Even smaller, modified Thanksgiving plans are likely to require some time spent grocery shopping - and while shopping is generally a low-risk activity, especially if masks are worn and social distancing is maintained, it can be worrying to have to spend time around so many strangers while getting the groceries you need.
Experts say there are a few different ways to stay safe while shopping.
Start by making sure you're doing everything you can to get in and out of the store quickly. Make a list in advance so that you know what you need and can avoid lingering in the aisles.
"I think the best strategy is to limit your time in the store as much as possible," Amanda J. Deering, clinical assistant professor in the Department of Food Science at Purdue University, told TODAY in March.
It can also help to go to a store during slower hours. Some states or stores may have rules designating a time for senior citizens or other high-risk individuals, so take advantage of those if you do qualify. According to a recent data analysis by Google Maps, grocery stores are the busiest on Saturdays between noon and 3:00 p.m., but the least busy time is 8:00 a.m. on Monday.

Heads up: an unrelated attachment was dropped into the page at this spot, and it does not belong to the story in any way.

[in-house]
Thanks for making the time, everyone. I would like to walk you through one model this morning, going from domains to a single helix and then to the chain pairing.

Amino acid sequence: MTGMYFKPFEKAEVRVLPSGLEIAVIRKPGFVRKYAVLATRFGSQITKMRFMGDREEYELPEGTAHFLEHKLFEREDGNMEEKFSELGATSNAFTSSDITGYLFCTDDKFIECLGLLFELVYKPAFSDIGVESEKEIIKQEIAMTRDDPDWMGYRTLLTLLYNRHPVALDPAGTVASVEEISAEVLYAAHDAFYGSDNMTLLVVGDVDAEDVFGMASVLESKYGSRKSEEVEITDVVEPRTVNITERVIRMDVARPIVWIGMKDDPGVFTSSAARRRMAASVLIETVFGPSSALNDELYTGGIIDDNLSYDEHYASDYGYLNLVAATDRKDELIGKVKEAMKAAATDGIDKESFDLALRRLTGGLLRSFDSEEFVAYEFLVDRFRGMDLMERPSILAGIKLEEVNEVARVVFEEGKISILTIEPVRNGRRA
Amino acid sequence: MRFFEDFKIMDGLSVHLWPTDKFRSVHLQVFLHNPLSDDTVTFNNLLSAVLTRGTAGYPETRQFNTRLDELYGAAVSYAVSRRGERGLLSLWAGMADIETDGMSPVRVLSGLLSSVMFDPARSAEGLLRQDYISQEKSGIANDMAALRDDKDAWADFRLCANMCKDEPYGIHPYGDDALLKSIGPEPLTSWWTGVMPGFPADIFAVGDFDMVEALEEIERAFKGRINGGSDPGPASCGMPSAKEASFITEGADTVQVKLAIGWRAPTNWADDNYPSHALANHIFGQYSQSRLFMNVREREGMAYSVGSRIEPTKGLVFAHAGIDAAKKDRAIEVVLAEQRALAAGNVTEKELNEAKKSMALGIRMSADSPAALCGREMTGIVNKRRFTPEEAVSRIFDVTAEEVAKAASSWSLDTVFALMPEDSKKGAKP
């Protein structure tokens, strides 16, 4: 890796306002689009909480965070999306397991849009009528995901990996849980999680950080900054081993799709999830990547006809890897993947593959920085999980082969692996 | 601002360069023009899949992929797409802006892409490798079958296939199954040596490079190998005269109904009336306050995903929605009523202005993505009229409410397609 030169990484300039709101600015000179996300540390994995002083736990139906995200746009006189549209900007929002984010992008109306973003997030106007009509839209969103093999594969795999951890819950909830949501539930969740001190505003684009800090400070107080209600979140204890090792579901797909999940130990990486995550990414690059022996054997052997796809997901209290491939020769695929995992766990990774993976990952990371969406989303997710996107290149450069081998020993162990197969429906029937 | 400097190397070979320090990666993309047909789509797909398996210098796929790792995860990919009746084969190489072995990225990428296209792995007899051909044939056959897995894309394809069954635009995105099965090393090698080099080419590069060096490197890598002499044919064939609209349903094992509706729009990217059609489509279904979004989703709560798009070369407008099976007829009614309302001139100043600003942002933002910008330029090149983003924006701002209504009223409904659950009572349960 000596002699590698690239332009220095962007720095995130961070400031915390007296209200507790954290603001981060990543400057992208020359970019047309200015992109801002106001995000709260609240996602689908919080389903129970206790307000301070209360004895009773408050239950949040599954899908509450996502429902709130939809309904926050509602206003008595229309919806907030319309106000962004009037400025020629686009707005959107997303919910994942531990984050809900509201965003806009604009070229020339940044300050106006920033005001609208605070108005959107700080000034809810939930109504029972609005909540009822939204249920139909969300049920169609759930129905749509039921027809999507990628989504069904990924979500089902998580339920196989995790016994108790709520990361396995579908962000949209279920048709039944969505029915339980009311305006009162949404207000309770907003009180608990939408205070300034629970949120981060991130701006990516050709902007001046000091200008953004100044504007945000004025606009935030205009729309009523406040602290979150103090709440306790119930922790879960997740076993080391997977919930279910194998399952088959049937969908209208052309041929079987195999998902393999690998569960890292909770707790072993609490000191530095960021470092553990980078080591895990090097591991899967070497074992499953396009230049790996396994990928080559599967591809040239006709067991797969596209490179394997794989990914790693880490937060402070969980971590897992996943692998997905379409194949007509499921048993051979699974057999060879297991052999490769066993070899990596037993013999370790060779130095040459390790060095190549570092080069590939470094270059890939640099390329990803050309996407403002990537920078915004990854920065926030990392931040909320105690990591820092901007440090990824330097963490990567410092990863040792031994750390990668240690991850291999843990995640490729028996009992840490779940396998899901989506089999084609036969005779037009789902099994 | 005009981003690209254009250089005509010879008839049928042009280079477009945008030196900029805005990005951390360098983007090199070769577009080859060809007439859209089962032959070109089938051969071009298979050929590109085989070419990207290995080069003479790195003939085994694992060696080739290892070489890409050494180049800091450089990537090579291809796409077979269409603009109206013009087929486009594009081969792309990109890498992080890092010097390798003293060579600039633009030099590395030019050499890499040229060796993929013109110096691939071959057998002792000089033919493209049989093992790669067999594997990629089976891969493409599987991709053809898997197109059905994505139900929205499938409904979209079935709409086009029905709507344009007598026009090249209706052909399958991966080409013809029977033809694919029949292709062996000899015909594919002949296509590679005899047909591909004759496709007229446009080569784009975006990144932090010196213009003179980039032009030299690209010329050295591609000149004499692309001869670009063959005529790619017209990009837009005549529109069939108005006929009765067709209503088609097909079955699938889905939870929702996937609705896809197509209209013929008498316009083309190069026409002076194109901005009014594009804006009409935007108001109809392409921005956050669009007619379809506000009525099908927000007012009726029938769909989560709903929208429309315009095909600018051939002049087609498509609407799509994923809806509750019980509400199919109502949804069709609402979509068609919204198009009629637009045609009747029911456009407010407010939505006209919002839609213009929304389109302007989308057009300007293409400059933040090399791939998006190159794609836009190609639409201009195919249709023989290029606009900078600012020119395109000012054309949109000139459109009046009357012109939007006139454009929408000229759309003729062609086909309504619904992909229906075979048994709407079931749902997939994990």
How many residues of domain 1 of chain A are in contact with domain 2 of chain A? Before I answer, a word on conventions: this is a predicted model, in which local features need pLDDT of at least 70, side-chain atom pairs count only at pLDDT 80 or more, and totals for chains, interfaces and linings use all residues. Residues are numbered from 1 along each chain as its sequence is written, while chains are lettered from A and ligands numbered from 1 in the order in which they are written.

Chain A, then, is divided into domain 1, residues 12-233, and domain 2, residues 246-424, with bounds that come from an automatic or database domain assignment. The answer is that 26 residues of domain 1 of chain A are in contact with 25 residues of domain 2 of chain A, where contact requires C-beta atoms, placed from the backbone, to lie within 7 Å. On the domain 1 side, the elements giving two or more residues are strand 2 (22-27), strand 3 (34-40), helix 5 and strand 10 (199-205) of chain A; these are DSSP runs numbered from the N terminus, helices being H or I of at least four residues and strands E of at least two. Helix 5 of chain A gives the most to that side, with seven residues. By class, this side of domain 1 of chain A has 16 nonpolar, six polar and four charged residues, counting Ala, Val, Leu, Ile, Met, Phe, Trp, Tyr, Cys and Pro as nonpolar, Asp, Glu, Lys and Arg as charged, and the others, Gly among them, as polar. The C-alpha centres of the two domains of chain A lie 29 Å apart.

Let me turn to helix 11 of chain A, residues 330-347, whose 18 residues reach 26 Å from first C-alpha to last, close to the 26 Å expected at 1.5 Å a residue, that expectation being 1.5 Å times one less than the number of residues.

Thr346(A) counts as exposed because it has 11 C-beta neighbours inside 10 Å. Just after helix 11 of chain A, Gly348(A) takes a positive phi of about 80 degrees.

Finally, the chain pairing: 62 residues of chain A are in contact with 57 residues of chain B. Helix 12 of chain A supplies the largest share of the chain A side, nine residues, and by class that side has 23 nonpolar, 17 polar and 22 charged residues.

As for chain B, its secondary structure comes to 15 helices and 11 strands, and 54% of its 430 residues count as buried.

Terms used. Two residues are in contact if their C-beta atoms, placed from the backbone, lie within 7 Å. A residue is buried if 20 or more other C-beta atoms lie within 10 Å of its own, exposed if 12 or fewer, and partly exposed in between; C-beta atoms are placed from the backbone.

Avoid bringing too many people with you if you can, and make sure you're properly prepared with your mask and hand sanitizer so you can clean your hands after you've finished shopping.
When you are at the store, take basic precautions like wearing your mask and maintaining six feet of distance between yourself and other shoppers. Many grocery stores have created one-way aisles to avoid customers passing each other, so follow those signs and arrows as best you can.
Once you get home, you should immediately wash your hands with soap and running water for at least 20 seconds. While there is no evidence that the coronavirus can be transmitted through groceries and little concern about the virus spreading on surfaces, you should wash any produce with running water.
If you are especially concerned about contracting the virus, you could get your Thanksgiving dinner delivered, or use an online service like Instacart to have food dropped off at your home, but in general, grocery stores are considered relatively safe if precautions are taken.
"In general, places that sell food are hard-wired for sanitation and hygiene," Celine Beitchman, director of nutrition at the Institute of Culinary Education, told TODAY Food in March.